Psalm 51: How to be Clean
There is simply no doubt about it, verse 10 is the epicenter of Psalm 51. It's the summary, the definition, the description of David's true need. Verse 10 proves that David gets it. It demonstrates that David understands how he's gotten himself into such a mess. It makes it clear that David knows what spiritual warfare is all about. It tells you that David has given up on the personal change agendas that focus on changes of situation, location, and relationship. It tells you that David knows that he needs something greater than corrected theology and pragmatically effective principles.
When David says, "Create in me a clean heart, O God," he's admitting the one thing we don't want to admit. He's confessing to the depth of his moral dilemma. He's looking at life God's way. He's saying, "I'm facing something that I can't free myself from. I'm dealing with something that I can't solve. I'm in the middle of something that I don't have the independent power to alleviate."
Here's the confession. Here's the plea. "God, my problem is that I've a fundamentally unclean heart. I bring this uncleanness to every situation, location, and relationship of my daily life. In some way, it influences all of my thoughts, desires, choices, words, and actions. Lord, I want to be clean because now I can see clearly the legacy of my uncleanness, but I'm not able to make my heart clean. God, I'm asking you to do what I can't do for myself. I'm asking you to create in my heart what isn't there; fundamental moral purity - a moral goodness of heart that will then shape all of my actions and reactions to life."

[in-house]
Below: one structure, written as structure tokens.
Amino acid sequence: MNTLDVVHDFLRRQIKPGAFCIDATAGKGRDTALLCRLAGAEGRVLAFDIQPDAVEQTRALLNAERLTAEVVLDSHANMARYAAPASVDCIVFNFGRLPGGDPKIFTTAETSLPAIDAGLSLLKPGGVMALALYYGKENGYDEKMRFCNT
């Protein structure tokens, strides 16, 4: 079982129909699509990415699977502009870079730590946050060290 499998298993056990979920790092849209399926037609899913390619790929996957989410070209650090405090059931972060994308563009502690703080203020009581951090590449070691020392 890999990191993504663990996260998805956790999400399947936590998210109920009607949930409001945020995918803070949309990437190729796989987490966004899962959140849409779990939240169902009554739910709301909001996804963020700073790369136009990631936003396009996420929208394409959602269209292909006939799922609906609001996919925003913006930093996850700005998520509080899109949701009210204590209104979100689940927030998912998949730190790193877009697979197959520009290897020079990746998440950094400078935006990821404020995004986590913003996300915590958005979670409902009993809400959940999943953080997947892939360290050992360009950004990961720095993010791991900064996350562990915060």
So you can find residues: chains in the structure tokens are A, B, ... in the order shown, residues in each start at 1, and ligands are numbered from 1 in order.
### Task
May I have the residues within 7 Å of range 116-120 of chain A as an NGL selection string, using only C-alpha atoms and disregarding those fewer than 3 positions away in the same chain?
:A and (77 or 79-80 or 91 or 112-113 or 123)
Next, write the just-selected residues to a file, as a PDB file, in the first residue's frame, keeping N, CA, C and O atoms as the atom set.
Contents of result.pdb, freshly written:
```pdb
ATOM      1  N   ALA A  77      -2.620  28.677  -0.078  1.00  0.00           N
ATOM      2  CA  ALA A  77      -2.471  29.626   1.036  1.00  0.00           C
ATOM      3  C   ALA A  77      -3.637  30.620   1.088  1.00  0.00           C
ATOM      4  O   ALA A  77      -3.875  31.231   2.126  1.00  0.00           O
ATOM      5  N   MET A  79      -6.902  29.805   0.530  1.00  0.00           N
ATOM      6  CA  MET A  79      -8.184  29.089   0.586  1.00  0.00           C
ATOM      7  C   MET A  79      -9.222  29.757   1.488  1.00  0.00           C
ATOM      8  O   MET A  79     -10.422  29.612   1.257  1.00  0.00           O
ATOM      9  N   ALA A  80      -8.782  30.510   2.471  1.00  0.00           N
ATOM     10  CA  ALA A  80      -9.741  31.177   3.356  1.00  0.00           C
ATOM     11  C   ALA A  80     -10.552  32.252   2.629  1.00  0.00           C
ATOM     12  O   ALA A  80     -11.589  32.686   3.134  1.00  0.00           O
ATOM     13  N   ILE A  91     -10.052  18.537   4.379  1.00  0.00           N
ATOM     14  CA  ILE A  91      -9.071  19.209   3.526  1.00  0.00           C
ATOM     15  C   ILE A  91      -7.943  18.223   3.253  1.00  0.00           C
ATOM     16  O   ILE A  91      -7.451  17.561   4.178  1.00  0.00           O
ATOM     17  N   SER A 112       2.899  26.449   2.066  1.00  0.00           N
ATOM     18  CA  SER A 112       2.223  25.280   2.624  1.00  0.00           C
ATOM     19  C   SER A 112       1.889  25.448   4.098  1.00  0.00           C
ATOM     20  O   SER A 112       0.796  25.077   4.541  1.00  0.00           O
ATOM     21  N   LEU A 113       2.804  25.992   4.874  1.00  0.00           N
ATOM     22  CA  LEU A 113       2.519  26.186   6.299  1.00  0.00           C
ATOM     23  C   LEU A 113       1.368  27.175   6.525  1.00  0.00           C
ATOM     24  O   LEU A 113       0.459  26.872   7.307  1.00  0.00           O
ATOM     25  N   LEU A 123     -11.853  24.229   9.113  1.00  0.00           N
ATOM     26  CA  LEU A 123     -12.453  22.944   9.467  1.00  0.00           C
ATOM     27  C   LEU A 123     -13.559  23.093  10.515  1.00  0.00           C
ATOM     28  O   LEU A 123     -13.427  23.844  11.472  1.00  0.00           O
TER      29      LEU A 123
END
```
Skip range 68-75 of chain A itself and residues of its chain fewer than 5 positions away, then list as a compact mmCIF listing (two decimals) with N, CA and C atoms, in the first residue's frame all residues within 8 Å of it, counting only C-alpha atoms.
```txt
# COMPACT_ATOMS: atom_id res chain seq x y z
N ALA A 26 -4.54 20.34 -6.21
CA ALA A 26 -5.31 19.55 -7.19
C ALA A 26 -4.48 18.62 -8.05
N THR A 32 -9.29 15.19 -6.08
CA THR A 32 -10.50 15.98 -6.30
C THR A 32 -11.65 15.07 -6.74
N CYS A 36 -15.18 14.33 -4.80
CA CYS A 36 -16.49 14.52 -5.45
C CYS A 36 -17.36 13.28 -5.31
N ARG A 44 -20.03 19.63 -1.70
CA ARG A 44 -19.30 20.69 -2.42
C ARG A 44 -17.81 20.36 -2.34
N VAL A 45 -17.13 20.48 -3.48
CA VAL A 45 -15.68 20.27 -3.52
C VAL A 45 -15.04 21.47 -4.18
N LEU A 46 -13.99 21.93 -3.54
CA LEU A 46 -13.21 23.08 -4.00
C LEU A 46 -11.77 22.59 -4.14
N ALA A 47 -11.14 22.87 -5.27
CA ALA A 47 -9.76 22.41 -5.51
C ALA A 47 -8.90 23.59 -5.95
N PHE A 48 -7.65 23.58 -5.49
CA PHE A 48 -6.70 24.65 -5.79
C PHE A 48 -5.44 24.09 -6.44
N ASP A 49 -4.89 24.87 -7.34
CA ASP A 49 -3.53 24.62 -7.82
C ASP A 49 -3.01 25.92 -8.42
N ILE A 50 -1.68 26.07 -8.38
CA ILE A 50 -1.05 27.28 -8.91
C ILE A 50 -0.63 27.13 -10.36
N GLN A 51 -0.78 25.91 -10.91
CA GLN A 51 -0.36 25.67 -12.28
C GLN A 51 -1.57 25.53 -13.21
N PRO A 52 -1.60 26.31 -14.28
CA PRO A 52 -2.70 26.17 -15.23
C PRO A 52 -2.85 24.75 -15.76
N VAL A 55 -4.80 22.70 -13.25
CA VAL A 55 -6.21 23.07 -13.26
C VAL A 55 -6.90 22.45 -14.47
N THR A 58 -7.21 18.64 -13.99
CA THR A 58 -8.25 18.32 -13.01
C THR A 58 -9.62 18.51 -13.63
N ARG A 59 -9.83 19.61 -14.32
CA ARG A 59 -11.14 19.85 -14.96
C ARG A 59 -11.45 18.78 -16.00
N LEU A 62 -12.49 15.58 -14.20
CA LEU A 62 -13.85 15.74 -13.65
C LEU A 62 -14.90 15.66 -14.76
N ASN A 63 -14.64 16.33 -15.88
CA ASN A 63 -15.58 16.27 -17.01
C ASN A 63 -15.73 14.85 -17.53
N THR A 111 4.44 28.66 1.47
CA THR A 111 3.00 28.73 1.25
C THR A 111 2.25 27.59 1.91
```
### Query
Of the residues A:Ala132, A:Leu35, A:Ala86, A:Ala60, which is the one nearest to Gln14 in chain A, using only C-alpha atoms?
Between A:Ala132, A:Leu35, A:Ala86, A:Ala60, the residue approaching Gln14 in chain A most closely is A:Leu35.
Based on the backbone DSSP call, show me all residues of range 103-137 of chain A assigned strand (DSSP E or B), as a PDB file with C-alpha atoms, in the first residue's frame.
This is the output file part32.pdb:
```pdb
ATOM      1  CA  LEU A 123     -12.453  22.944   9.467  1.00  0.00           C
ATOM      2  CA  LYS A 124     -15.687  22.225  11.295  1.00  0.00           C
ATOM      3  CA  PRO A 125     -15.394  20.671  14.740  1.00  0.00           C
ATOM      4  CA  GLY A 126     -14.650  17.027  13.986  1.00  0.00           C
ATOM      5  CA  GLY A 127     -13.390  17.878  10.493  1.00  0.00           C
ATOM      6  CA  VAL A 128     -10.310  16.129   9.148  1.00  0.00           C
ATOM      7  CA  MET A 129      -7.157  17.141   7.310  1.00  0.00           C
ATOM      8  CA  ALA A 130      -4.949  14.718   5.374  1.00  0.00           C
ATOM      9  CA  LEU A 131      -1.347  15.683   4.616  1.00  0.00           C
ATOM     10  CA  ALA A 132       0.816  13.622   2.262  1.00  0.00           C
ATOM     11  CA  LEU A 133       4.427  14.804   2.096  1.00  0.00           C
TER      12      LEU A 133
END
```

The word for create here is the same word that's used in Genesis 1. Why is this important? Because it tells you that David understands to whom he's talking. He's appealing to the One who's the Creator of all things to do exactly what he did as he spoke the physical universe into to being. He's asking the Redeemer to exercise the expansiveness of his creative power to create moral purity at the motivational core of his personhood, the heart. David is pleading for a miracle that's every bit as astounding as what's recorded in Genesis 1. He's asking God to create a moral universe in his heart that doesn't yet exist. And he's asking for this because he knows that unless he's the recipient of such a miracle, he'll never be what he's supposed to be or do what he's supposed to do.
David gets it. He gets that he desperately needs forgiveness, but he also understands that he needs something more. He gets that he needs to be recreated at the core of who he is as a person. His prayer for a "clean" heart is a prayer for deliverance from the moral pull and the vulnerability that's the functional danger of an unclean heart. In praying this way, David prays for all of us.
Why am I impatient? Because I have an unclean heart.
Why do I over-eat? Because I have an unclean heart.
Why do I say things that I shouldn't say? Because I have an unclean heart.
Why do I get angry at the people I say I love? Because I have an unclean heart.
Why do I desire things that God says are wrong? Because I have an unclean heart.
Why do I struggle to be content? Because I have an unclean heart.
Why am I not motivated by the glory of God? Because I have an unclean heart.
Why do I spend more than I should spend? Because I have an unclean heart.
Why do I doubt the goodness of God? Because I have an unclean heart.
Verse 10 is the "says it all" diagnosis of the moral struggle of all of us. So, isn't it wonderful that Jesus, the Messiah, was sent to earth so that we could be the recipients of the one thing that we could never provide for ourselves; a new heart? So, don't be discouraged and don't let yourself be defeated. There's help for us! There's hope for us! There's a Creator Redeemer who delights in exercising his power to create a moral cleanness in the hearts of needy people who seek it because they know that it can only be found in him.
Be humble enough to pray David's prayer, recognize your need of the same Creator cleansing, and watch what your Redeemer will do.